Andrew Hardy, Mauro Cucarzi and Patrizia Zolese, (eds), Champa and the archaeology of My Son (Vietnam).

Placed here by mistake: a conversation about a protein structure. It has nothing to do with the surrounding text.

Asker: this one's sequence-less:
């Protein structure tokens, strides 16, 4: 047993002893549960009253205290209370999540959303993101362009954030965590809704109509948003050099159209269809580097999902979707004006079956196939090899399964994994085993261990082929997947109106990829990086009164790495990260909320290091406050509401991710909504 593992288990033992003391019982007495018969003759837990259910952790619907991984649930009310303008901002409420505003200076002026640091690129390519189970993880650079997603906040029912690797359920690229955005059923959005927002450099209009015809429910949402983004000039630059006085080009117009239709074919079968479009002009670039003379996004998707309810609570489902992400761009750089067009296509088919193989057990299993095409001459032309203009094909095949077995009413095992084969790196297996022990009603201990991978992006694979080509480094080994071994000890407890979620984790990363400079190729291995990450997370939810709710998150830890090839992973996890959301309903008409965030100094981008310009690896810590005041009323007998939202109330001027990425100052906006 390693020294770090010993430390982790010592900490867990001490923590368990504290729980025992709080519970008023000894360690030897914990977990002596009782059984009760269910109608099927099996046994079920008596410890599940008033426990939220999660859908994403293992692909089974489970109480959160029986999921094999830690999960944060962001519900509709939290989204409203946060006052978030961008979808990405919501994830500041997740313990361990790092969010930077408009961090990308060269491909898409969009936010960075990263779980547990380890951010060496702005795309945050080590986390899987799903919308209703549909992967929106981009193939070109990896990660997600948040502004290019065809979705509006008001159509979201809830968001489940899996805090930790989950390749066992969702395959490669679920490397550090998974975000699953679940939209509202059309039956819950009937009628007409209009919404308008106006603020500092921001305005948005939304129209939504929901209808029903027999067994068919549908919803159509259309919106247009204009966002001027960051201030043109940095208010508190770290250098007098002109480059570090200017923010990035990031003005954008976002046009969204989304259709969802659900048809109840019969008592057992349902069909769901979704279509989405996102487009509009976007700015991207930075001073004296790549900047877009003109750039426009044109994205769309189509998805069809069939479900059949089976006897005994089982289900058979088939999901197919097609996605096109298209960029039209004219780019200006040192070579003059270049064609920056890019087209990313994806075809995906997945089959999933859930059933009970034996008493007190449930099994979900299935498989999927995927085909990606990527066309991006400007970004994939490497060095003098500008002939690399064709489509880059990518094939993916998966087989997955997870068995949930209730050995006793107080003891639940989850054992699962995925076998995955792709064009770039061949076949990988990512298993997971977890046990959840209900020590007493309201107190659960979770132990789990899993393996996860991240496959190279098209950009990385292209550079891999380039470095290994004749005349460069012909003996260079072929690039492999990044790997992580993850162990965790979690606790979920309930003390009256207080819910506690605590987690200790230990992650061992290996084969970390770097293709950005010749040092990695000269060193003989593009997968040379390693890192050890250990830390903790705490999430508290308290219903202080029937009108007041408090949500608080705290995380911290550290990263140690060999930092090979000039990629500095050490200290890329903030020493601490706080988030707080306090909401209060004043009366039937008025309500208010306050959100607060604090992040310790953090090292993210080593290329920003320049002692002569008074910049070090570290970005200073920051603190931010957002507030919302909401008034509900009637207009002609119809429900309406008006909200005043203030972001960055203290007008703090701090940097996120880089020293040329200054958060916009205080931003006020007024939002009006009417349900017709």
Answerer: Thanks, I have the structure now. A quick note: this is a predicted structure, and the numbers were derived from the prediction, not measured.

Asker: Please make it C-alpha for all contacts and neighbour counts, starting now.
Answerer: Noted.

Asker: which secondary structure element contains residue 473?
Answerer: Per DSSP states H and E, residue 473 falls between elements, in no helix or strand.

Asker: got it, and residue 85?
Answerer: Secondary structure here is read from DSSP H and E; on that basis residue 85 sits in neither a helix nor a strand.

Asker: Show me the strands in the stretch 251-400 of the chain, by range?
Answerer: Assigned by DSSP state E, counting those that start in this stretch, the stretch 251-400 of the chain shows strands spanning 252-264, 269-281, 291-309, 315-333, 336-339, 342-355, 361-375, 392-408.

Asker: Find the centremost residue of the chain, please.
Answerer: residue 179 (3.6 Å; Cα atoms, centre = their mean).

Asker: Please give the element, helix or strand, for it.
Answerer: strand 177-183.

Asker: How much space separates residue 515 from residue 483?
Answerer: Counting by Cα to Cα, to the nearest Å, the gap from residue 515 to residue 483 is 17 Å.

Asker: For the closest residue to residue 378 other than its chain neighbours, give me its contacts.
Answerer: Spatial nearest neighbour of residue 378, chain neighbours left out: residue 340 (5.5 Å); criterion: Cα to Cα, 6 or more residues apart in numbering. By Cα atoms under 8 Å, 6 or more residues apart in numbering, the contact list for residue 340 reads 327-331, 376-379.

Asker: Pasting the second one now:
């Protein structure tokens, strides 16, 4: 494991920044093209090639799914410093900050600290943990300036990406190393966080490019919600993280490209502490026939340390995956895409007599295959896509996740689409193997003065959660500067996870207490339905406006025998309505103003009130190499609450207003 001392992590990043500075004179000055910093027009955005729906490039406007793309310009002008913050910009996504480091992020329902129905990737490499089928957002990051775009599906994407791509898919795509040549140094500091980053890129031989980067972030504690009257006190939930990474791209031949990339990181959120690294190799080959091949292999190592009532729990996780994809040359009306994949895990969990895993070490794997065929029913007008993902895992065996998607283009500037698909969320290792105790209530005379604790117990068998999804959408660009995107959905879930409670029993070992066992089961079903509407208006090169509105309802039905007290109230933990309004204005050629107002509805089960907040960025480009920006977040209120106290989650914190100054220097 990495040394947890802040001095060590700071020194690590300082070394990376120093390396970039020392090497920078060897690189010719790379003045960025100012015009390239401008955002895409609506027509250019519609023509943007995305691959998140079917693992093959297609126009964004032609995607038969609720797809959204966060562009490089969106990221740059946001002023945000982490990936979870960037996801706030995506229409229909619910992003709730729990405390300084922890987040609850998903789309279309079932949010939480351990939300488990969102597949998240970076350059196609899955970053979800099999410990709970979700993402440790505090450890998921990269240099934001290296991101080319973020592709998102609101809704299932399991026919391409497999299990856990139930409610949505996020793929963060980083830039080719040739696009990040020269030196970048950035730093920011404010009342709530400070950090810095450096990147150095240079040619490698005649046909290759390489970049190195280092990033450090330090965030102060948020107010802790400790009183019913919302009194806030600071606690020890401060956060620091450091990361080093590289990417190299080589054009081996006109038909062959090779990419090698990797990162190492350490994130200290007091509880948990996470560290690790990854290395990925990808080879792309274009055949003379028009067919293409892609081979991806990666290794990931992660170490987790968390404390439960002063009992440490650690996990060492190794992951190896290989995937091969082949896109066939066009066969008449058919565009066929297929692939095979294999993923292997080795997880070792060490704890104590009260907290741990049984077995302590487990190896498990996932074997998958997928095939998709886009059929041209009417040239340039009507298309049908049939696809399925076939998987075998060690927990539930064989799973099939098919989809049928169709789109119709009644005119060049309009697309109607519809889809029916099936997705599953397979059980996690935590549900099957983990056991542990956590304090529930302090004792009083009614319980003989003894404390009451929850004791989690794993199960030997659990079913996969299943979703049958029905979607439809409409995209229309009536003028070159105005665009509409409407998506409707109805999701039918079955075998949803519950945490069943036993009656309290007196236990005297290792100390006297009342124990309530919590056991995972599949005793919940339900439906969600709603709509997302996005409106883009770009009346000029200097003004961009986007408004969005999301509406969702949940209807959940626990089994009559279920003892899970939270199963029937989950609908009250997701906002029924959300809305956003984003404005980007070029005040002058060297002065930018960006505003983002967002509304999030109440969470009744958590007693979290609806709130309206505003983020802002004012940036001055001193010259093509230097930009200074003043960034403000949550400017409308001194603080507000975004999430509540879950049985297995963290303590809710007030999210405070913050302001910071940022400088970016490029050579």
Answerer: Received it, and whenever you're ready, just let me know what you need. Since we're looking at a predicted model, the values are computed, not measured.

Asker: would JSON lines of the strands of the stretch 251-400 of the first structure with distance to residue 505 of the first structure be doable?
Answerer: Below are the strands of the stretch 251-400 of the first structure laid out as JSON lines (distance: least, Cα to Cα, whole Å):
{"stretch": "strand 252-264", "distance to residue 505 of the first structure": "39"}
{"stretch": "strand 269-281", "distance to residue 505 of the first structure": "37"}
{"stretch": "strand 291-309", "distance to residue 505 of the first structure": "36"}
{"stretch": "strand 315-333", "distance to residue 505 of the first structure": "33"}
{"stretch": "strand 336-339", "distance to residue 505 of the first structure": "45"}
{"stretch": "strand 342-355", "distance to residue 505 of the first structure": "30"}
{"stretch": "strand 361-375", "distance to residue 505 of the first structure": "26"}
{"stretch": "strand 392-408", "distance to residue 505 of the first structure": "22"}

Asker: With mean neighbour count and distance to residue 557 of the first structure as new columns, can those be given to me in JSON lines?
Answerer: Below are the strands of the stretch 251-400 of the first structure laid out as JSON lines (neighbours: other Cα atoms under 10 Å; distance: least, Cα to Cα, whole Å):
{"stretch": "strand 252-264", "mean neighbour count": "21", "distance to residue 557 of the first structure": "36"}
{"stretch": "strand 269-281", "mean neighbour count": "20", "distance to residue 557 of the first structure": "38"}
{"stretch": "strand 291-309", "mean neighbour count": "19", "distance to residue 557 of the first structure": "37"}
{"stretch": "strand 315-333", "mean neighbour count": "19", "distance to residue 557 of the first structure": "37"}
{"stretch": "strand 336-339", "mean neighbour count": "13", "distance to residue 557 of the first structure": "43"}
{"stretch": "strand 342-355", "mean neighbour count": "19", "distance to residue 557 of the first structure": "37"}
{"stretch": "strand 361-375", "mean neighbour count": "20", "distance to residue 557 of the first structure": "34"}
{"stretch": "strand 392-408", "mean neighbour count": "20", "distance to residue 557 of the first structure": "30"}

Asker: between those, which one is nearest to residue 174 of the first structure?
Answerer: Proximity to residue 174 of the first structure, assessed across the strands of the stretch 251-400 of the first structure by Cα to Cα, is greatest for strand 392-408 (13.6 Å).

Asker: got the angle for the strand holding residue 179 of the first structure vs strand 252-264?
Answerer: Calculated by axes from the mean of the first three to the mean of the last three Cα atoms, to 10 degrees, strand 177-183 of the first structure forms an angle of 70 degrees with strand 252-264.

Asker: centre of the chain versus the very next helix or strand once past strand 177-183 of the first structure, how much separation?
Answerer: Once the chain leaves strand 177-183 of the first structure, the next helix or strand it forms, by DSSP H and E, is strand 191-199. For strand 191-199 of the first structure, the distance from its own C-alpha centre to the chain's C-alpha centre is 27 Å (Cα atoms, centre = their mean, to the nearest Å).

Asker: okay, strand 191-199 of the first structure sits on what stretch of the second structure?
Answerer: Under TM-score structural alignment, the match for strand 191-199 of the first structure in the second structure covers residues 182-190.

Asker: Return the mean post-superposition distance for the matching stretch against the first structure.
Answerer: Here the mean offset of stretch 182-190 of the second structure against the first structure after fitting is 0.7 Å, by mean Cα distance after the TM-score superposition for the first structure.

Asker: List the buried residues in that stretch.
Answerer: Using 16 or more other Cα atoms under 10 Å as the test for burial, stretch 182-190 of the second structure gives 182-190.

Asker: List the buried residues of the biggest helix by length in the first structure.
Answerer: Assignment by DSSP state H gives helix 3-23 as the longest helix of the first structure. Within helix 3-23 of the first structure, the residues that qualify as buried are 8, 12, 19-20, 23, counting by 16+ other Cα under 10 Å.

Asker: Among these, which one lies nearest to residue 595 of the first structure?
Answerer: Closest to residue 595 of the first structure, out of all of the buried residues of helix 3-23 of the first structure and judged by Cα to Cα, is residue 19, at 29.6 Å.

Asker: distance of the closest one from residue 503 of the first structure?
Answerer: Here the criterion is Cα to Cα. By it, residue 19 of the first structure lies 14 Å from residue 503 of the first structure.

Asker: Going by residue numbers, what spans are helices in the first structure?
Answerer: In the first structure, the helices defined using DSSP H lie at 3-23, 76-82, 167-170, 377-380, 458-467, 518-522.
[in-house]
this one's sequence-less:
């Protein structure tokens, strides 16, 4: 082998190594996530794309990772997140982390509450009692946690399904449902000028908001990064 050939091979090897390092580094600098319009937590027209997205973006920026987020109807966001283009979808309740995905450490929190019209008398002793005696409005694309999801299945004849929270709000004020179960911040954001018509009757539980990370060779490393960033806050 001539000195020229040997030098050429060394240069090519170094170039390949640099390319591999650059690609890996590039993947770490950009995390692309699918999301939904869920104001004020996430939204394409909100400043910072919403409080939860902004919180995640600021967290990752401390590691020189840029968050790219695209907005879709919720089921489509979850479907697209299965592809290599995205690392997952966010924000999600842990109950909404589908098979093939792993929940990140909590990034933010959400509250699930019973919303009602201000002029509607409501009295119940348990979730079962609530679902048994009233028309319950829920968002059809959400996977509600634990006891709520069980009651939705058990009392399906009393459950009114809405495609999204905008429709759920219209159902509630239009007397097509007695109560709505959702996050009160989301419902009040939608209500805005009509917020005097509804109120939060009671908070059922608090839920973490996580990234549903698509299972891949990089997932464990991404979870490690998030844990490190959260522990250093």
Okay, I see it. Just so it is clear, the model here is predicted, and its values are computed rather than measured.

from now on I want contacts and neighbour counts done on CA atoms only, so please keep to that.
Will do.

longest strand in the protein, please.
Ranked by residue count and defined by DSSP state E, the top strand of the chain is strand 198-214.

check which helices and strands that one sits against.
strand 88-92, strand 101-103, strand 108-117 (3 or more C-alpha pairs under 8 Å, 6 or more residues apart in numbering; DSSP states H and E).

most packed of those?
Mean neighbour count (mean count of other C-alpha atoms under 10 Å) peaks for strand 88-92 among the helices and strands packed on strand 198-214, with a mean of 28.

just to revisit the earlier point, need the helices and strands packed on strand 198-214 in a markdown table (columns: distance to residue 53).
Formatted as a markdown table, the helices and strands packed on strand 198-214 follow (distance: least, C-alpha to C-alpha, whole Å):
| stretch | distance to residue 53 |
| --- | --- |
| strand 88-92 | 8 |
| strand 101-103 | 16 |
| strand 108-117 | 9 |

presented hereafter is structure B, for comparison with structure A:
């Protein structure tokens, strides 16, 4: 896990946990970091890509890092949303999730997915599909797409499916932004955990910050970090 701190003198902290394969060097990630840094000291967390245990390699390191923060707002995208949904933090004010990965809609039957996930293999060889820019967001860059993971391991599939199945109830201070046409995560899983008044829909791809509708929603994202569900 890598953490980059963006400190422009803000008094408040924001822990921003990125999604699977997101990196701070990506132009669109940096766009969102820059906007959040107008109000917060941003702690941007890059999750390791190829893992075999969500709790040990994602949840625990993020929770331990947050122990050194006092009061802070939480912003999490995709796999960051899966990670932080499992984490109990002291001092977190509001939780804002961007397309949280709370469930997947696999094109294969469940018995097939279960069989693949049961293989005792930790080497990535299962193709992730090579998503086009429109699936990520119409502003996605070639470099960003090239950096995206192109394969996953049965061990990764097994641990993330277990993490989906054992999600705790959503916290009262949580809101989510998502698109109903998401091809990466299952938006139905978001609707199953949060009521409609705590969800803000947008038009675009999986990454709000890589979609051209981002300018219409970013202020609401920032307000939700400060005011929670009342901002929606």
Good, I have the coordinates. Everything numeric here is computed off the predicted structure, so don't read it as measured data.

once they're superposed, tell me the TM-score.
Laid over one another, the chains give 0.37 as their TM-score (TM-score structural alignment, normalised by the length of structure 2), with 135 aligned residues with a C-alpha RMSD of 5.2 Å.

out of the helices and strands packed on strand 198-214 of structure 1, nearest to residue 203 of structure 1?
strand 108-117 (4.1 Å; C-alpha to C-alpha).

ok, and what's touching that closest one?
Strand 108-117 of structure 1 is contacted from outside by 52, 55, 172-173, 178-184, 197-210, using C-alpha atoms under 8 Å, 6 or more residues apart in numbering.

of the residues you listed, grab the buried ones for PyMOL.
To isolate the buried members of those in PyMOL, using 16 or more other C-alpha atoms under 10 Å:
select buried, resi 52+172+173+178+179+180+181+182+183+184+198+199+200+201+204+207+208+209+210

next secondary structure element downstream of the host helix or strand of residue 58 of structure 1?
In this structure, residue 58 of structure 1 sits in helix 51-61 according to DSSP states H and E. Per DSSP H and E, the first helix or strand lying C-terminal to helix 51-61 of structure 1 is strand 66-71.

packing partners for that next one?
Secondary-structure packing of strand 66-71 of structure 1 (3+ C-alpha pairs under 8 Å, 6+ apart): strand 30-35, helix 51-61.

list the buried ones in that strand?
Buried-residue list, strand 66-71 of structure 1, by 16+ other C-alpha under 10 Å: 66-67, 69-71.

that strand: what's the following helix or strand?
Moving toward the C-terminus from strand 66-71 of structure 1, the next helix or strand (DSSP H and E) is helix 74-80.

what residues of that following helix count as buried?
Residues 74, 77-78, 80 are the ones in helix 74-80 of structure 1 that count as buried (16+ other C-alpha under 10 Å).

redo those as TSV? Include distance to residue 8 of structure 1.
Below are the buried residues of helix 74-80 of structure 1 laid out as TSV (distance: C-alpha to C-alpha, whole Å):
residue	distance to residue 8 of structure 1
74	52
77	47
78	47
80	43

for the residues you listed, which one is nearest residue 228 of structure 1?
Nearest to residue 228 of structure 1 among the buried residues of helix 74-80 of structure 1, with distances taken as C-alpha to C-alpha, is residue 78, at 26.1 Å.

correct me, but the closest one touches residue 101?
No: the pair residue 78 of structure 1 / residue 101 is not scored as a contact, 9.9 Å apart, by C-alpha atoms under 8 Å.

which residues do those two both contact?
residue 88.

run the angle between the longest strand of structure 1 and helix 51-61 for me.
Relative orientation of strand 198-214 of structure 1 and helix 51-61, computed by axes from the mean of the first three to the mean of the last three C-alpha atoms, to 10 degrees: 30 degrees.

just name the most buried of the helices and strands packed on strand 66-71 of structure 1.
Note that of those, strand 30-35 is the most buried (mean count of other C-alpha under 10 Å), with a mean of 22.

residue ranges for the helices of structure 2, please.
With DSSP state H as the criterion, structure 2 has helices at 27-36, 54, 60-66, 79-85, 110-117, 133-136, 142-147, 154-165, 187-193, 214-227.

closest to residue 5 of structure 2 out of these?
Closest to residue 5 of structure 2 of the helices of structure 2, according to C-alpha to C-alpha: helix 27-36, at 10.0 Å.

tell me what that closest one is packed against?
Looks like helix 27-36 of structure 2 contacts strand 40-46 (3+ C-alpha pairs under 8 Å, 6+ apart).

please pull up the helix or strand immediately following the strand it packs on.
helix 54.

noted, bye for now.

Although less celebrated than the ancient Hindu-Buddhist civilizations of Cambodia or Java, the rich material heritage of the Champa culture of central Vietnam first began to be recognized and studied in the late nineteenth century, during the course of French economic and political expansion in mainland Southeast Asia. It was only by accident however, that its most famous site became known to the outside world. Surrounded by a ring of hills and mountain peaks in the interior of Quang Nam province, the brick temples and sandstone sculptures of My Son were first viewed by soldiers and missionaries before being officially--and excitedly--reported to the French colonial authorities by the explorer Camille Paris, in a letter written from Tourane (modern Da Nang) on 23 June 1894 (Paris 1895). The subsequent investigations and conservation of the site are recorded in the introductory essays to this fascinating but complex volume. The first major survey and excavation of the temples by the Ecole francaise d'Extreme-Orient in 1903-1904 are recorded in the notes of Henri Parmentier and Charles Carpeaux, many of whose photographs are preserved at the Musee Guimet in Paris. Parmentier divided the site into groups (listed from A to H) and numbered the buildings consecutively within each group, beginning with the largest surviving structure, A1. The site later suffered considerable damage as a result of the conflicts in Indochina from 1940 onwards, including high-level bombing in 1969. The subsequent work of clearance and restoration was begun in the 1980s as part of a Polish-Vietnamese mission headed by the late Kazimierz Kwiatkowski--to whom the book is dedicated. In 1997, an Italian team was sent to My Son to assess the condition of the surviving buildings and to advise on future work. Much of the content of this book is drawn from the conservation project that immediately followed their report and the formal recognition of My Son as a UNESCO World Heritage Site in 1999.